WESTON, W.Va. — Lena Lunsford-Conaway will at least have to sit through a jury selection, a Lewis County judge determined Monday.
Circuit Court Judge Jacob Reger refused to grant the defense’s motion for a venue change in the case of Lunsford’s missing daughter, Aliayah, who is presumed dead.
Lunsford-Conaway is accused of hitting her then-three-year-old daughter in the head with a blunt object in the early morning hours of September 24, 2011. Investigators claim the former Lewis County woman, arrested in Florida November 2016, also refused to provide medical treatment to her ailing daughter. Aliayah Lunsford is presumed dead, but no remains have ever been discovered.
The venue change was requested by defense attorneys Tom and Zach Dyer, claiming Lunsford-Conaway would not be met with an impartial jury. Their request to use a taxpayer-funded jury consultant to provide evidence of their claim was denied last year.
“Judge Reger feels strongly that we need to make an effort in the court to pick a jury from Lewis County,” Tom Dyer said. “He had been discouraging any direct surveys all along, and we respected that. We understood his reasoning behind that.”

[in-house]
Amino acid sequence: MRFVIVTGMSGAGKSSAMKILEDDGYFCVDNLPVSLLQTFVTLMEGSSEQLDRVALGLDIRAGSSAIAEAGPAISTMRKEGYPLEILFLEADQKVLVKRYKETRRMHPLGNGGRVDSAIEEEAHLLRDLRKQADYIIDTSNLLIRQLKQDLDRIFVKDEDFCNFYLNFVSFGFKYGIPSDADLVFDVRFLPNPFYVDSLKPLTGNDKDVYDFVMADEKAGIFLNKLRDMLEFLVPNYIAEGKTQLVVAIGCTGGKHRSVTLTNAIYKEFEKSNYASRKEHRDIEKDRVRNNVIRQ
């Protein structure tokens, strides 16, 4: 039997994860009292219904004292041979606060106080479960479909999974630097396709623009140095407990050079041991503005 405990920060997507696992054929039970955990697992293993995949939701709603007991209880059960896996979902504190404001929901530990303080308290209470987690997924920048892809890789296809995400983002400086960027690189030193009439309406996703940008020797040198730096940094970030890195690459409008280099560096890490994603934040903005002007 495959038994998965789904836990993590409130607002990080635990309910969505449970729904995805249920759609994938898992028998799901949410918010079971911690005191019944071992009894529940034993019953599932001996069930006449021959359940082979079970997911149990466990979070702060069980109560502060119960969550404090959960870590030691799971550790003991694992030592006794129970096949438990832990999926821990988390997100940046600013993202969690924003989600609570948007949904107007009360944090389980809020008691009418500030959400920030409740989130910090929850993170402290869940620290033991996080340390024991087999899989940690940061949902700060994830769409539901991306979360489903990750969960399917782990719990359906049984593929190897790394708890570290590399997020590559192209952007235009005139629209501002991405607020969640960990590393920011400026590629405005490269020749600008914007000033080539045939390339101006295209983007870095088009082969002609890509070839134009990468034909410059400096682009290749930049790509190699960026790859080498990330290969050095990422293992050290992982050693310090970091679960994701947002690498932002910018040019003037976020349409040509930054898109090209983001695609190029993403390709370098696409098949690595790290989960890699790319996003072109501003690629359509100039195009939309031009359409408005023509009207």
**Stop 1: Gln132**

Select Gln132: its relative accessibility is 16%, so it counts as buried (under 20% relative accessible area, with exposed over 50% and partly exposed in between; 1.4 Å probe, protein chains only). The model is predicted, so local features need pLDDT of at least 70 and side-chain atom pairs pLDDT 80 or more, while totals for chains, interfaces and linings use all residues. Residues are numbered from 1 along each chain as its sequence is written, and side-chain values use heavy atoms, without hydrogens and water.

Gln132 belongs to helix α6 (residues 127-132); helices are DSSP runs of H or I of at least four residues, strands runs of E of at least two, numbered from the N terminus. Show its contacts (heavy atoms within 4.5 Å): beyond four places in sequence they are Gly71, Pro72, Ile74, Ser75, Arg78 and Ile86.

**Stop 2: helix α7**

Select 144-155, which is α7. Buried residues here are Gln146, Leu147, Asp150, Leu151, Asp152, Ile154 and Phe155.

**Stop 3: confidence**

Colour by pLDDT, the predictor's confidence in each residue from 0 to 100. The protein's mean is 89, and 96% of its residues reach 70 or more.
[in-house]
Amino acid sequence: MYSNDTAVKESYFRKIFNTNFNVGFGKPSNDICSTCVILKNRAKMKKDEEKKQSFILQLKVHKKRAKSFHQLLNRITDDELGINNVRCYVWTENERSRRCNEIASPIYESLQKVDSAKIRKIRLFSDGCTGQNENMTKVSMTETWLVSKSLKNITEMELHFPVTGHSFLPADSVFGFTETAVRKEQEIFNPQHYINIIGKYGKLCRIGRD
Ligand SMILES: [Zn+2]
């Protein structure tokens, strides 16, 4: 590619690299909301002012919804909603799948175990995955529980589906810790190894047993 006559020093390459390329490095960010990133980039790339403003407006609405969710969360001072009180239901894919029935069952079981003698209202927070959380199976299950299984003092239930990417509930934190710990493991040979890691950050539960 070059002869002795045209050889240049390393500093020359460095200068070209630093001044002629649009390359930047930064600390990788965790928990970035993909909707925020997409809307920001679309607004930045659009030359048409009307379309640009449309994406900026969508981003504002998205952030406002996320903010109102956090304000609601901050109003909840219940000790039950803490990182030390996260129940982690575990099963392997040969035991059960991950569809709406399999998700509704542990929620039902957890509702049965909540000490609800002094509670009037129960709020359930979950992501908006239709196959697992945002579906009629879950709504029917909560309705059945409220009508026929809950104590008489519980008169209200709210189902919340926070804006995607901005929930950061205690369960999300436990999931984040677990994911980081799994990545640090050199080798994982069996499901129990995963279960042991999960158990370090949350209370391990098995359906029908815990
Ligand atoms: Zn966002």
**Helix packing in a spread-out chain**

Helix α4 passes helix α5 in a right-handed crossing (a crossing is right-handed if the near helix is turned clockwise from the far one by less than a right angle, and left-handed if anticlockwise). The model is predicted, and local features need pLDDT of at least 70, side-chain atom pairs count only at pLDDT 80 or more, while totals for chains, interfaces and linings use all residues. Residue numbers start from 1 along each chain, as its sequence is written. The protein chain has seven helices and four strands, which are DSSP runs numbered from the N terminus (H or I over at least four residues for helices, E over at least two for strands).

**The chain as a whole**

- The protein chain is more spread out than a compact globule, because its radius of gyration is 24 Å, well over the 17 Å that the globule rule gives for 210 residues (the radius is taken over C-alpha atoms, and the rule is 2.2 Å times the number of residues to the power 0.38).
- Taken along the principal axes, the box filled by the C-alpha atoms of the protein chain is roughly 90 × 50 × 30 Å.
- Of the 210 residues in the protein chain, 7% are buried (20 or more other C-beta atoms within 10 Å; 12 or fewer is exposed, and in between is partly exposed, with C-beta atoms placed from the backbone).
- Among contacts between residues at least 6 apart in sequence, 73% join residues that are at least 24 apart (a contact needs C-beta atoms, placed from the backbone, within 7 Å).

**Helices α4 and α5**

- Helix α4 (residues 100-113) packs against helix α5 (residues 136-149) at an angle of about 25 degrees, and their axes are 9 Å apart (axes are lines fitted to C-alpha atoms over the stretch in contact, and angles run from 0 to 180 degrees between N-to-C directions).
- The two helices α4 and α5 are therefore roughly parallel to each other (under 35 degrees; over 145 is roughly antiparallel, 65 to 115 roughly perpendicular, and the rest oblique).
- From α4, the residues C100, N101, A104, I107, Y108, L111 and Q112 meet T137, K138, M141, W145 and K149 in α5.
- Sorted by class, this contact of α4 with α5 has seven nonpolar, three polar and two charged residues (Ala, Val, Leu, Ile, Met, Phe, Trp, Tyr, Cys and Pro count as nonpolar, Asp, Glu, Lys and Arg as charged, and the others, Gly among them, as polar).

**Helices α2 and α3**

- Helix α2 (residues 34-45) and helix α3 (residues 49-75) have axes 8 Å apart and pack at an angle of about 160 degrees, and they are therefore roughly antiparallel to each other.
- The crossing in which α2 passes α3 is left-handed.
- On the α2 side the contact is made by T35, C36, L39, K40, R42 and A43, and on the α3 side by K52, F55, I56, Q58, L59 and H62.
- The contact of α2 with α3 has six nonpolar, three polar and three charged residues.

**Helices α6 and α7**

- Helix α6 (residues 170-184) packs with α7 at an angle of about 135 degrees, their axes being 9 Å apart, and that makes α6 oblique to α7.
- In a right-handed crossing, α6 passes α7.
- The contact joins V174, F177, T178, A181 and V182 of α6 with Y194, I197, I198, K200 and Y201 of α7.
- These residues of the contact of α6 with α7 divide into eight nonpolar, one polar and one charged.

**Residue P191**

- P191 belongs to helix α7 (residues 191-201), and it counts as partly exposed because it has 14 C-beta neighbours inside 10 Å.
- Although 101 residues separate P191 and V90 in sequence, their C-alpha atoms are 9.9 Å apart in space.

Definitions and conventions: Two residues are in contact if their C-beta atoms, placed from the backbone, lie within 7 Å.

Local media outlets are reporting that the defense used comments from social media and local media websites to suggest that Lunsford wouldn’t receive a fair trial.
“We presented a significant amount of social media from cyber space, so to speak, for him to consider, which we believed demonstrated a pervasive negative sentiment about the defendant throughout the area,” Dyer said.
Dyer said jury selection will begin in February.
“(Reger) will reconsider the motion to change venue at that time after we begin the efforts to pick a jury in Lewis County,” he said. “In a case of this magnitude, it could take a couple days to seat a jury, and this trial may take three, four or five weeks. That would be typical. We’re going to need to be very careful in selecting this jury to make sure we get an impartial group, so it could take some time.”
Lunsford is charged with murder of a child by a parent, guardian, or custodian, or other person, by refusal or failure to provide necessities; one count of death of a child by parent, guardian, or custodian, or other person, by child abuse; one count of child abuse resulting in injury; and one count of concealment of a deceased human body.
Lunsford-Conaway will return to court Jan. 31 for a pre-trial motions hearing. The trial is scheduled to begin Feb. 13.